It’s been nearly two months since the Boston Red Sox disposed of the St. Louis Cardinals and wrapped up their third World Series title in the last ten years.
But it wasn’t until the last couple of weeks that Major League Baseball seemed to get into the holiday spirit. Fenway went frozen, both Jonathan Papelbon and Max Scherzer rocked some ugly, ugly sweaters and, finally, National League MVP Andrew McCutchen gave his girlfriend the greatest gift of them all.
All that aside, the question on my mind is this…what’s in a name this holiday season?
Since Major League Baseball was founded 140 years ago, close to 20,000 men have stepped between the foul lines and taken their turn at America’s pasttime. Thankfully, a handful of them have done their best to keep the spirit of Christmas alive throughout the baseball season.
So, with all apologies to my Jewish brothers (you already got your Hanukkah post, fellas) allow me to regale you with some thoughts on the longstanding partnership between baseball and December 25. I mean, what would the dog days of summer be like without such popular holiday staples like Ebenezer “Ed” Beatin, Frosty Thomas or even George Bailey?
And what about Charles Dickens Bold? I don’t know if he could write a story, but I do know that in his only at bat with the St. Louis Browns, well…he struck out.
Perhaps the classics aren’t your thing and you’d rather hear a song?
You’d be hard pressed to find a Santa or a Claus that played ball (Hall of Famer Ron Santo, former infielder Billy Klaus or onetime pitcher Al Clauss probably come closest), but let’s face it…without his four-legged friends, he’s kinda worthless. And yeah, I’m talking about Dasher Troy, Rolff Dancer, the “Cuban Comet” Minnie Minoso, Cupid Childs and Joe “Blitzen” Benz.
But what about “the most famous reindeer of all”?
Anyway, in the spirit of former catcher Steve Christmas…here are The Hall’s Top Five Major Leaguers to remember this holiday season.
MATT HOLLIDAY, Outfield
Colorado Rockies (2004–2008), Oakland Athletics (2009) and St. Louis Cardinals (2009–present).
Holliday will enter 2014 with a career batting average of .311, 251 home runs and 966 RBI. The six-time All-Star was, in 2007, awarded the NLCS MVP. Not too shabby.
J.T. SNOW, First Base
New York Yankees (1992), California Angels (1993–1996), San Francisco Giants (1997–2005), Boston Red Sox (2006) and San Francisco Giants (2008).
Known as a spectacular fielder, Snow won six-straight (1995-2000) Gold Gloves throughout his 16-year career. His career numbers…a .268 batting average, 1509 hits, 189 home runs and 877 RBI.
IVAN DeJESUS, Shortstop
Los Angeles Dodgers (1974-1976), Chicago Cubs (1977-1981), Philadelphia Phillies (1982-1984), St. Louis Cardinals (1985), New York Yankees (1986), San Francisco Giants (1987) and Detroit Tigers (1988).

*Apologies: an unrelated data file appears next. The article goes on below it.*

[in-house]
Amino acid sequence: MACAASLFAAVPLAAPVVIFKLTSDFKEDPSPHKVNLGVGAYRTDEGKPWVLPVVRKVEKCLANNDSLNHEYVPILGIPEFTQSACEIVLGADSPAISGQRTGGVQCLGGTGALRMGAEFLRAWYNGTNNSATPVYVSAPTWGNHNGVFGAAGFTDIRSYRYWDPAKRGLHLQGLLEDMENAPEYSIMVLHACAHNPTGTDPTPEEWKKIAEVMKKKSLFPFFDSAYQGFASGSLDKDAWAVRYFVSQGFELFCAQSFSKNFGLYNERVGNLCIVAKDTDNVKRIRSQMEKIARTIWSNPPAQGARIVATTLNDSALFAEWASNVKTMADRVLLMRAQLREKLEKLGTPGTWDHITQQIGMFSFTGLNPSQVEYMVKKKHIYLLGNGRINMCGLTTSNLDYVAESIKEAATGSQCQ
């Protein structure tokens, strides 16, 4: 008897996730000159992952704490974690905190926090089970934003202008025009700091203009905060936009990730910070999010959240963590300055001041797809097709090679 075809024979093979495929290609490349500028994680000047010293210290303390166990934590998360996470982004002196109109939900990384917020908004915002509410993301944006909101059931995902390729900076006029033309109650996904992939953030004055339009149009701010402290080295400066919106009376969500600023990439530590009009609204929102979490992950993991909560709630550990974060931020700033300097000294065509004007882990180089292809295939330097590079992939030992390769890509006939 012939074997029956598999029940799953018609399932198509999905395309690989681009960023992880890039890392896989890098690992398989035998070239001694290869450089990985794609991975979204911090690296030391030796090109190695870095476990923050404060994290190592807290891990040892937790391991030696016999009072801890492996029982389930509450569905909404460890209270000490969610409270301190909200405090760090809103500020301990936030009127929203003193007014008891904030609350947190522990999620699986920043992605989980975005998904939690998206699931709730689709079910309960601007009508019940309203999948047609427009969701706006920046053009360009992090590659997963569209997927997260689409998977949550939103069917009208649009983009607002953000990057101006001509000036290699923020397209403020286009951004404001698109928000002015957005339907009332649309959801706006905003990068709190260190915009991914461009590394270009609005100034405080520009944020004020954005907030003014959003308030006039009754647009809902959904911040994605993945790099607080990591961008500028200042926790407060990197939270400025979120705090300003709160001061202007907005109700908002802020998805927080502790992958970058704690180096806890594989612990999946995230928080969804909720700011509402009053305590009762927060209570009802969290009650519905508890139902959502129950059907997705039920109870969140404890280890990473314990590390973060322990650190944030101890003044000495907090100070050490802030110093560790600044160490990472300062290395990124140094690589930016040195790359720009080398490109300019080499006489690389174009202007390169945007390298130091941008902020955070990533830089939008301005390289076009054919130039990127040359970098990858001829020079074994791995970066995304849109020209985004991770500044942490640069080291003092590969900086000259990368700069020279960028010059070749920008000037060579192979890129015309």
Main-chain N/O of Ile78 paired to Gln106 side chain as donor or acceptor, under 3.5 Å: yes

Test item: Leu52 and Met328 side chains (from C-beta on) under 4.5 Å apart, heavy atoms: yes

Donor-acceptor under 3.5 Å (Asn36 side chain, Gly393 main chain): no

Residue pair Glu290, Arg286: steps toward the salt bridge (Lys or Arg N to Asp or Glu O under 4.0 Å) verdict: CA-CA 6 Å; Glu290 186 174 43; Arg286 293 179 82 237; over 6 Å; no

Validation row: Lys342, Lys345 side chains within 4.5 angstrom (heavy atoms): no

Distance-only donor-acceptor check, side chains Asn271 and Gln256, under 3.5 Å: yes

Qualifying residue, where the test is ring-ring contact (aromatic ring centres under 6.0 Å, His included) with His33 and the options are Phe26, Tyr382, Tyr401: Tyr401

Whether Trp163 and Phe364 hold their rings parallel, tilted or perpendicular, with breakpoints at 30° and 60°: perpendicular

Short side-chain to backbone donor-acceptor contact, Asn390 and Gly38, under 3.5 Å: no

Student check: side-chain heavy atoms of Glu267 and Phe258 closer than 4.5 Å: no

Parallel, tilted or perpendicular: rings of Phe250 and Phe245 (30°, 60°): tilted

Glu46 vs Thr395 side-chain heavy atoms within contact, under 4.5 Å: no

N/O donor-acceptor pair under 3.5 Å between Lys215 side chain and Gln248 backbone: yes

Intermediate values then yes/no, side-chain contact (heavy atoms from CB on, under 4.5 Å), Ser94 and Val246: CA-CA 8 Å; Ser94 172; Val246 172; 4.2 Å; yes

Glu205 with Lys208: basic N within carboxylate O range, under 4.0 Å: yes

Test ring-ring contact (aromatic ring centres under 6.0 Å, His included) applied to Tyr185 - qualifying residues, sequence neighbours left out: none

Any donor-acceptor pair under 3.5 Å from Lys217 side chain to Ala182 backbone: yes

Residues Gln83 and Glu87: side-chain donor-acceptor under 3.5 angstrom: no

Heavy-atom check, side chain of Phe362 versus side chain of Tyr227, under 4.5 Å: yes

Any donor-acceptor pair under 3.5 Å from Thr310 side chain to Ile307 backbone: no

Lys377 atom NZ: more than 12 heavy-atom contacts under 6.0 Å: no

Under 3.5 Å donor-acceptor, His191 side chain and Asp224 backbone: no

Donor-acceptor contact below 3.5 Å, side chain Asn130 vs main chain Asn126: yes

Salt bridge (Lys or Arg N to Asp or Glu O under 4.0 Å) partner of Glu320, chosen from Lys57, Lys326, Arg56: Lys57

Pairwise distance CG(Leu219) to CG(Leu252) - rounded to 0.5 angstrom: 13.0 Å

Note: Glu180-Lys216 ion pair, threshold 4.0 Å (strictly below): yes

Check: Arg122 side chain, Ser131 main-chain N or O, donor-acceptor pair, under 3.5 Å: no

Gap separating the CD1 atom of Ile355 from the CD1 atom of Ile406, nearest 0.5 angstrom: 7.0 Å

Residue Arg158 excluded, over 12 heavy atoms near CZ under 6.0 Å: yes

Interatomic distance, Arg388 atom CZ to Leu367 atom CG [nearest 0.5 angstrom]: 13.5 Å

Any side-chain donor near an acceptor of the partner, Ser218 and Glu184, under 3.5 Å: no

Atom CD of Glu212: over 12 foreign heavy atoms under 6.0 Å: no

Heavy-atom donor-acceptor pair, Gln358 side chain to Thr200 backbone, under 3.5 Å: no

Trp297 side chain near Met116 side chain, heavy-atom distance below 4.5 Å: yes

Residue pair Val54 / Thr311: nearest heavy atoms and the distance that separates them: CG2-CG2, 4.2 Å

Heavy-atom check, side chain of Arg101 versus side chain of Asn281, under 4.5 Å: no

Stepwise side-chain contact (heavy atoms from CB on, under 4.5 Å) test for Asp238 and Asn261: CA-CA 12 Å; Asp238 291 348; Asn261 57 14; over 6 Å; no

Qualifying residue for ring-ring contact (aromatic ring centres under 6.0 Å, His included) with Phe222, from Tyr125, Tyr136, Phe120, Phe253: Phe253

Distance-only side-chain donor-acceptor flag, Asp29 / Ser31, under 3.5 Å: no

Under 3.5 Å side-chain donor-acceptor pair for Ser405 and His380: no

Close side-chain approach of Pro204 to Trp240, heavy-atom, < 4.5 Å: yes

Perhaps the most noteworthy accomplishment of DeJesus (other than somehow lasting 15 years in the Majors and leading the National League in runs scored in 1978)…being the punchline to the question “who did the Phillies trade future Hall of Famer Ryne Sandberg for again?”
JON GARLAND, Pitcher
Chicago White Sox (2000–2007), Los Angeles Angels (2008), Arizona Diamondbacks (2009, Los Angeles Dodgers (2009), San Diego Padres (2010), Los Angeles Dodgers (2011) and Colorado Rockies (2013).
Quietly, Garland strung together a streak of nine consecutive years (2002-2010) with double-digit victories and for his career, the member of the 2005 World Champions has 136 victories and a 4.37 ERA.
COOKIE ROJAS, Second Base/Manager
As a player…Cincinnati Reds (1962), Philadelphia Phillies (1963–1969), St. Louis Cardinals (1970) and Kansas City Royals (1970–1977)
As a manager…California Angels (1988) and Florida Marlins (1996)
Rojas was a five-time All-Star in his 16 year playing career…and even made it to four straight games (1971-1974) while with the Royals. While with the Phillies, Rojas played at least one game at all nine positions in the field, including pitcher and catcher. As a manager, he posted a career 76-79 record.
As previous mentioned…you could put together an entire team of Bells. That said, Gus, Buddy, David and Mole make up a rare three-generation Major League family. In his 15-year career, Gus Bell hit .281 and was an All-Star four times. His son Buddy managed close to the same batting average (.279), while stacking up more than 2500 hits. From 1979 to 1984, he brought home six Gold Gloves. In 2004, when David Bell hit for the cycle during his sting with the Philadelphia Phillies, he joined his grandfather to become the only grandfather-grandson duo in Major League history to accomplish the feat. Lastly, there’s Mike. Well…Mike appeared in 19 games for the Cincinnati Reds in 2000. Good enough?
And yeah…Merry Christmas, everyone.